York U researchers help create first map of Greenland ice sheet movement

York U researchers are among a team of scientists that has created the first map showing how the Greenland ice sheet has flowed over time, revealing that ice in the interior is now moving more slowly toward the edges than it has, on average, over the past 9,000 years.

Greenland's ice sheet
Greenland’s ice sheet

In comparing this paleo-velocity map to modern flow rates, researchers from York University and The University of Texas, as well as other institutions, found the ice sheet’s interior to be moving slower now than it was during most of the Holocene, a geological period that began at the end of the last glacial period roughly 11,700 years ago and runs to the present.

The findings, which researchers said don’t change the fact that the ice sheet is now rapidly losing mass and contributing to sea level rise, was published in the Feb. 5, 2016 issue of the journal Science.

Along Greenland’s periphery, many glaciers are now rapidly thinning. However, the vast interior of Greenland, as it moves more slowly, has been gradually thickening over millennia. This new study documents and describes why this is happening.

“We found three reasons for this gradual slowing and thickening of the ice sheet in the Greenland’s interior,” said William Colgan of York University’s Lassonde School of Engineering, second author of the study.

An increase in snowfall over the last 9,000 years and a gradual stiffening of the ice sheet, are two reasons, he said.

William Colgan

“The ice that formed from snow that fell in Greenland during the last ice age is about three times softer than the ice being formed today,” said Colgan.

This is causing the ice sheet to slowly become stiffer and, as a consequence, flow slower and get thicker over time. This is especially the case in southern Greenland, where higher snowfall rates have led to rapid replacement of ice from the last glacial period with more modern Holocene ice.

“But that didn’t explain what was happening elsewhere in Greenland, particularly the northwest, where there isn’t as much snowfall,” said lead author Joe MacGregor of The University of Texas at Austin’s Institute for Geophysics (UTIG), a research unit of the Jackson School of Geosciences.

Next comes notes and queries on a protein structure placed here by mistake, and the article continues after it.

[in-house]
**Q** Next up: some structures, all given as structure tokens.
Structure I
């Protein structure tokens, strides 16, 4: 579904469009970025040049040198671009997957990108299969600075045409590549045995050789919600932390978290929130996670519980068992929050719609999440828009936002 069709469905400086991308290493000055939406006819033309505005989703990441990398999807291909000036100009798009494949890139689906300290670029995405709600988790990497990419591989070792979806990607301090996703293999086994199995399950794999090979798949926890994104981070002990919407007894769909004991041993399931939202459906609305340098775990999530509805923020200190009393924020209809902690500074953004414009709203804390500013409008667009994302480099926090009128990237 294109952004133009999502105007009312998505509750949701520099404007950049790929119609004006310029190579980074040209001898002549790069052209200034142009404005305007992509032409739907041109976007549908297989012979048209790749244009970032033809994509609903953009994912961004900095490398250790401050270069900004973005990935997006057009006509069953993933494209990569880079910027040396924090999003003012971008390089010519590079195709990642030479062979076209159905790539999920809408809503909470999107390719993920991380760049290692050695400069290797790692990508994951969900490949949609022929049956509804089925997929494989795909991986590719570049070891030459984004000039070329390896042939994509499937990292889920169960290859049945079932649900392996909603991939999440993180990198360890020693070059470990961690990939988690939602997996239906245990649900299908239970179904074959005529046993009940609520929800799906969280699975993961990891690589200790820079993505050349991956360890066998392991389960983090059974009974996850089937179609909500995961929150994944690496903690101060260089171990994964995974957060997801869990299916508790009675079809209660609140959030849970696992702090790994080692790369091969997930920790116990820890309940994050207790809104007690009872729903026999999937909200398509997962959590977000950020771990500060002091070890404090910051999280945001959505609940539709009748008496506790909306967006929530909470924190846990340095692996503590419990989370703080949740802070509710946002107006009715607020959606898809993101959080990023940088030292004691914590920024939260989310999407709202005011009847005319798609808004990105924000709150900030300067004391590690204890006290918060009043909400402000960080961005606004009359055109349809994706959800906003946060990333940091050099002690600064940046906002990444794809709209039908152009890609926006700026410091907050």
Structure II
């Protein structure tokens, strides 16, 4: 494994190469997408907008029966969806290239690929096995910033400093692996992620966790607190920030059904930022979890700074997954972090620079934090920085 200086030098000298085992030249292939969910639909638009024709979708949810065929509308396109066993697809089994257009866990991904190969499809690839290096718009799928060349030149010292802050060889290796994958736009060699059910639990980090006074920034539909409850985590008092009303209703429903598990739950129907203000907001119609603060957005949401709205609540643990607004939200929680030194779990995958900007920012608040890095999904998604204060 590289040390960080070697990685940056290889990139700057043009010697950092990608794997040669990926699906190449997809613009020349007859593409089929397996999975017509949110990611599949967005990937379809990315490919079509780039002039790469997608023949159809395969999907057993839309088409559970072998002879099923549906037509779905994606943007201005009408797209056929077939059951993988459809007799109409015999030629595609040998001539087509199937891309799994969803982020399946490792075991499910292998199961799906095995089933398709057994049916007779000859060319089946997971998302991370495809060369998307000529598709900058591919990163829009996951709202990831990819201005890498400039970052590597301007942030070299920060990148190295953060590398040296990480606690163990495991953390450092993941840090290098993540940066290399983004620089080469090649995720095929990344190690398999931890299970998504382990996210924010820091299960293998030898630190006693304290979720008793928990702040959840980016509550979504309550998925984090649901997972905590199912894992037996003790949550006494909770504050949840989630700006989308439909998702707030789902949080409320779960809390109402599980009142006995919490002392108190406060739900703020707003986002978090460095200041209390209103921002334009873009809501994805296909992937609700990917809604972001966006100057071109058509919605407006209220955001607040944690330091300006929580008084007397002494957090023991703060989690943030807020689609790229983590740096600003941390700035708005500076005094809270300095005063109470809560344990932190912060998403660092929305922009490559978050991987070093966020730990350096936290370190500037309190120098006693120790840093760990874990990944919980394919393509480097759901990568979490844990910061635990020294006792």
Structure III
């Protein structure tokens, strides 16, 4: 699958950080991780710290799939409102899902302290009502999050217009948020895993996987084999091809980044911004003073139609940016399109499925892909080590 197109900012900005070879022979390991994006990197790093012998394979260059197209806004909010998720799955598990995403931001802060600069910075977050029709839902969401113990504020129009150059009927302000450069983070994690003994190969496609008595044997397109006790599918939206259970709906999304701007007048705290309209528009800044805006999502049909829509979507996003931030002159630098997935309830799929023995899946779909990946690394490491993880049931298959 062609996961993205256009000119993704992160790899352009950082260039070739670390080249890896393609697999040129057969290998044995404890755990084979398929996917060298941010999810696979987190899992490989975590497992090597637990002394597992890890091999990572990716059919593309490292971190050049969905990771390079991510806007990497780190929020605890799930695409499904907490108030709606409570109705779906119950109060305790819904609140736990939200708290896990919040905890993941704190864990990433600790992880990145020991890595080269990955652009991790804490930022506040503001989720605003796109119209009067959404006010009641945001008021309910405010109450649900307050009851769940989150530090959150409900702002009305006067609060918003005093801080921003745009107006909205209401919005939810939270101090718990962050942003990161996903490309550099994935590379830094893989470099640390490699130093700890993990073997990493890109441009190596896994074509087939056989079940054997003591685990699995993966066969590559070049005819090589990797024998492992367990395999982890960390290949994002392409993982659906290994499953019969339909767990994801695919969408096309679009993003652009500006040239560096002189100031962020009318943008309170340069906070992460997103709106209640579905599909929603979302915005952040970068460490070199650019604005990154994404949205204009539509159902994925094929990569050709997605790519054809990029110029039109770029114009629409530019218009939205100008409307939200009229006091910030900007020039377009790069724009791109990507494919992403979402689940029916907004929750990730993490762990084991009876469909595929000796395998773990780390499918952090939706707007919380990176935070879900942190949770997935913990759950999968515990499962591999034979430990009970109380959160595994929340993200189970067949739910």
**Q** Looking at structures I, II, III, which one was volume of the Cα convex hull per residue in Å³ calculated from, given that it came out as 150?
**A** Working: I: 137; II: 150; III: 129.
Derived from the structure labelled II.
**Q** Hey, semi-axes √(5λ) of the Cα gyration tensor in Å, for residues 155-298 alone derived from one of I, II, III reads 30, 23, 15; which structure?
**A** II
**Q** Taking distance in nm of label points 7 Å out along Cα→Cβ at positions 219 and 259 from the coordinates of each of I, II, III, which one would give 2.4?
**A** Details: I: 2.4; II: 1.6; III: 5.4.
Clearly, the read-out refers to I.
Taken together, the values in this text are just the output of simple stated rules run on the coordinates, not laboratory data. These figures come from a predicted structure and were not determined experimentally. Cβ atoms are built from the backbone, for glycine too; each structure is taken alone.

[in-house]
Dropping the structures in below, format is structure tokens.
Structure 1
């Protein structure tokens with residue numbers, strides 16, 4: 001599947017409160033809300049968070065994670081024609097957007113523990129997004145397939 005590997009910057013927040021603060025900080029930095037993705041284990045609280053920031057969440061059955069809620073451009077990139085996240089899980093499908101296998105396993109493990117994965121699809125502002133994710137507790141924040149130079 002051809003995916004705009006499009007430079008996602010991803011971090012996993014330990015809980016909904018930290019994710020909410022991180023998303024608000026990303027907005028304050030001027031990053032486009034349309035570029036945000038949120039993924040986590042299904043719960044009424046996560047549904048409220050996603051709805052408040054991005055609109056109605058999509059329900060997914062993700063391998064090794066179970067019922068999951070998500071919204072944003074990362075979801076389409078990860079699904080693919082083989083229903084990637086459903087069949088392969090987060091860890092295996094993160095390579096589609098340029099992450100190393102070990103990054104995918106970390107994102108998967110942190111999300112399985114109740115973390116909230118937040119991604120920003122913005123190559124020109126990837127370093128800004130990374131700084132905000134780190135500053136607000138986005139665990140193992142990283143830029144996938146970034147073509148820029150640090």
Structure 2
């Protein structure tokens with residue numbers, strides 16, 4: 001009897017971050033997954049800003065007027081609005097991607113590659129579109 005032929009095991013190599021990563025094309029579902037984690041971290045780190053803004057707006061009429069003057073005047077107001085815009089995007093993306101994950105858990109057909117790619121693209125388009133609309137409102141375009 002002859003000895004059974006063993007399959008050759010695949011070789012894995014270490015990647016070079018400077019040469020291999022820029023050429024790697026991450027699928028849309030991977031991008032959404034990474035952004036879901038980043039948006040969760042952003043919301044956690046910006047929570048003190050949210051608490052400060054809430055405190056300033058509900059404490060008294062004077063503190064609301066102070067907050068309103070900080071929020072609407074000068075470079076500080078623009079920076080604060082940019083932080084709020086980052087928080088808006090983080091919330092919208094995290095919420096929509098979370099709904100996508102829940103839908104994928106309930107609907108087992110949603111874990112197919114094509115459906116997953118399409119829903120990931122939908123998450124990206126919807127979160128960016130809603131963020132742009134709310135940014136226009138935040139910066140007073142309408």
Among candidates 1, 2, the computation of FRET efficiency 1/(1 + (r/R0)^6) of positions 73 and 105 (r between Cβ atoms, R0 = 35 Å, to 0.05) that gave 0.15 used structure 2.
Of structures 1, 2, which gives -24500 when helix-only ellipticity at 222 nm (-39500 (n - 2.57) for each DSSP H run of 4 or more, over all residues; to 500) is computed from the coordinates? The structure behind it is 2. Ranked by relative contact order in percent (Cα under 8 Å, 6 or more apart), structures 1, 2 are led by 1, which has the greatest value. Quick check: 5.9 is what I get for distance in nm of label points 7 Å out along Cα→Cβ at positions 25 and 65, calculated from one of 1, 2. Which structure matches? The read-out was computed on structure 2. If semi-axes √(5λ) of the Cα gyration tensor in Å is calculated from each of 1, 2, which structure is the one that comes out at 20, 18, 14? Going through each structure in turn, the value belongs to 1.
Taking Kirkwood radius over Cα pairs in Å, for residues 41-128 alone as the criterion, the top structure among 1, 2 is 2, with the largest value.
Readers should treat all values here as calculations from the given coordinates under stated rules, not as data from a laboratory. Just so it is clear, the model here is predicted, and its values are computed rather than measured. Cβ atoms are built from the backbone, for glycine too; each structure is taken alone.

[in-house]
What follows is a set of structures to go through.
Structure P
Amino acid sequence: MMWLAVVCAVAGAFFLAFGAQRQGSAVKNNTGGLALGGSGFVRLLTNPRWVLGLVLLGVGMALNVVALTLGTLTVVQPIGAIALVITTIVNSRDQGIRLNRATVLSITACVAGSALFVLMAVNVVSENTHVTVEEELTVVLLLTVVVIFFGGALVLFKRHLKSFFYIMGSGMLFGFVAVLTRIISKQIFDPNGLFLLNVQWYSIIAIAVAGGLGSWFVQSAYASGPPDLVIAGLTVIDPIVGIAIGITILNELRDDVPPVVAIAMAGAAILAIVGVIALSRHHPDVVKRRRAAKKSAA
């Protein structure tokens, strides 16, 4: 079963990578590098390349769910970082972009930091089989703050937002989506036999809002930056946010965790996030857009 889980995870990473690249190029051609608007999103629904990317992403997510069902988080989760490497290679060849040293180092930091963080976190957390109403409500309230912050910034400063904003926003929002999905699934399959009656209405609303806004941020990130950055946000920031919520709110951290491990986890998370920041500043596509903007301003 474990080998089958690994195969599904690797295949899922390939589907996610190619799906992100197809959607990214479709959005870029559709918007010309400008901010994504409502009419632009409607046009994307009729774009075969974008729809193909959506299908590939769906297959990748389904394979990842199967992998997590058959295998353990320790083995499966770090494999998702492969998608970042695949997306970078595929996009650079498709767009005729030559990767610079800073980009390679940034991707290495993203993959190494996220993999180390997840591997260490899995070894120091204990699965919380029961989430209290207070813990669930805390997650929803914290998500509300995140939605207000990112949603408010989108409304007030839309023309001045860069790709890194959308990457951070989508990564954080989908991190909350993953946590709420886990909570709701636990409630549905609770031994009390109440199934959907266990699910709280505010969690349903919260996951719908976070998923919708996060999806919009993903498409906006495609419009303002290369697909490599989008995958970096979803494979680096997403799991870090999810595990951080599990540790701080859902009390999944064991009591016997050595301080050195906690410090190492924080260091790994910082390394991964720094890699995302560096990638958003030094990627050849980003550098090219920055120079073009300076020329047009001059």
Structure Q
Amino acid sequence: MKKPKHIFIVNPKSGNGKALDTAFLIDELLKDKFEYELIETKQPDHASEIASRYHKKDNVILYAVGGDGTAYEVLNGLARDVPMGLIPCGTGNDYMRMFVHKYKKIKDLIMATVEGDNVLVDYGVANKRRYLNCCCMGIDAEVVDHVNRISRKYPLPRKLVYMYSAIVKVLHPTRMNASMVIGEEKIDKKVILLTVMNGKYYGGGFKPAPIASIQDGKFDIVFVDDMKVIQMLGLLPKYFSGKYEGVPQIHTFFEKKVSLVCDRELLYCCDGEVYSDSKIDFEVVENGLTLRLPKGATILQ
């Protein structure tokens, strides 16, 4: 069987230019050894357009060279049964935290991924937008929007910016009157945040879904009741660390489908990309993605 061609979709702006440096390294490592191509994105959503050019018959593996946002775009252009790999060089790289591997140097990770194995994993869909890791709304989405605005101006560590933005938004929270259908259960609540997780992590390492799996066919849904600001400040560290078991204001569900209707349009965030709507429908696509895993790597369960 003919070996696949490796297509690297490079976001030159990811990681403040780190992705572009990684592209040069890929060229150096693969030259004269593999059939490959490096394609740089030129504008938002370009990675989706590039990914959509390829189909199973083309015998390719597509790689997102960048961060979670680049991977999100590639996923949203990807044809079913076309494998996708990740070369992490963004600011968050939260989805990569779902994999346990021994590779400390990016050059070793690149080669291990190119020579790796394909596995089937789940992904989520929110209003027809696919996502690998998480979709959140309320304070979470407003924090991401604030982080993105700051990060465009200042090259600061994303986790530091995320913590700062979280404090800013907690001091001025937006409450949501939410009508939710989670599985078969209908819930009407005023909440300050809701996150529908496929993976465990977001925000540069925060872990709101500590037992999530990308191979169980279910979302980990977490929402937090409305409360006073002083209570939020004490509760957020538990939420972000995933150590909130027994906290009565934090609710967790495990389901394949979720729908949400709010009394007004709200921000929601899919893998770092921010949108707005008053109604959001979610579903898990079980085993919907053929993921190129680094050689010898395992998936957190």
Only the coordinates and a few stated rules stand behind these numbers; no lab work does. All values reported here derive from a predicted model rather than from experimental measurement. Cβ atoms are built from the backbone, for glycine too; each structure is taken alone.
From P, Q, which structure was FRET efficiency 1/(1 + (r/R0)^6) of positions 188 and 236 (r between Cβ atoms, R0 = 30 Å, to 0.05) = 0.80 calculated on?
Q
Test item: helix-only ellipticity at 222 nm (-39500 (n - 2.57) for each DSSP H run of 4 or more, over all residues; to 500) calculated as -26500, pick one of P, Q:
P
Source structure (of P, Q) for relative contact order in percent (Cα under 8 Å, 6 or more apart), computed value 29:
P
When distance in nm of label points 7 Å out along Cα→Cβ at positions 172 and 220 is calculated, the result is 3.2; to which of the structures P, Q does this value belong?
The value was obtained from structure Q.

It’s the third reason that seems to have had the largest impact in northwest Greenland, said Colgan, citing the collapse of an ‘ice bridge’ that connected Greenland to Ellesmere Island at the end of the last ice age – some 10,000 years ago.

The collapse led first to acceleration in the northwest, but ice flow there has since decreased to a slower pace. These changes affect how the Greenland ice sheet is understood today.

Scientists often use GPS and altimeters aboard satellites to measure the elevation of the ice surface to estimate how much mass is being lost or gained across the ice sheet. But, when correcting for other known effects on the surface elevation, any leftover thickening is often assumed to be due to increasing snowfall. This study shows that that may not be the case.

“The recent increases in snowfall do not necessarily explain present day interior thickening,” said Colgan. “So if you’re using a satellite altimeter to figure out how much mass Greenland is losing, you’re going to get the answer slightly wrong, unless you account for these very long-term signals that are evident in its interior.”

The study builds on earlier UTIG-led research that developed a database of the many layers within Greenland’s ice sheet. Using this database, scientists determined the flow pattern for the past 9,000 years, in effect creating a “paleo-velocity” map.

“Scientists are very interested in understanding how ice sheets flow and how that flow may have been different in the past. Our paleo-velocity map for Greenland allows us to assess the flow of the ice sheet right now in the context of the last several thousand years,” said MacGregor.

The study was supported by the National Science Foundation’s Arctic Natural Sciences Program, the Center for Remote Sensing of Ice Sheets and NASA’s Operation IceBridge.

Colgan is also a guest researcher at the Geological Survey of Denmark and Greenland, where a portion of this research was undertaken.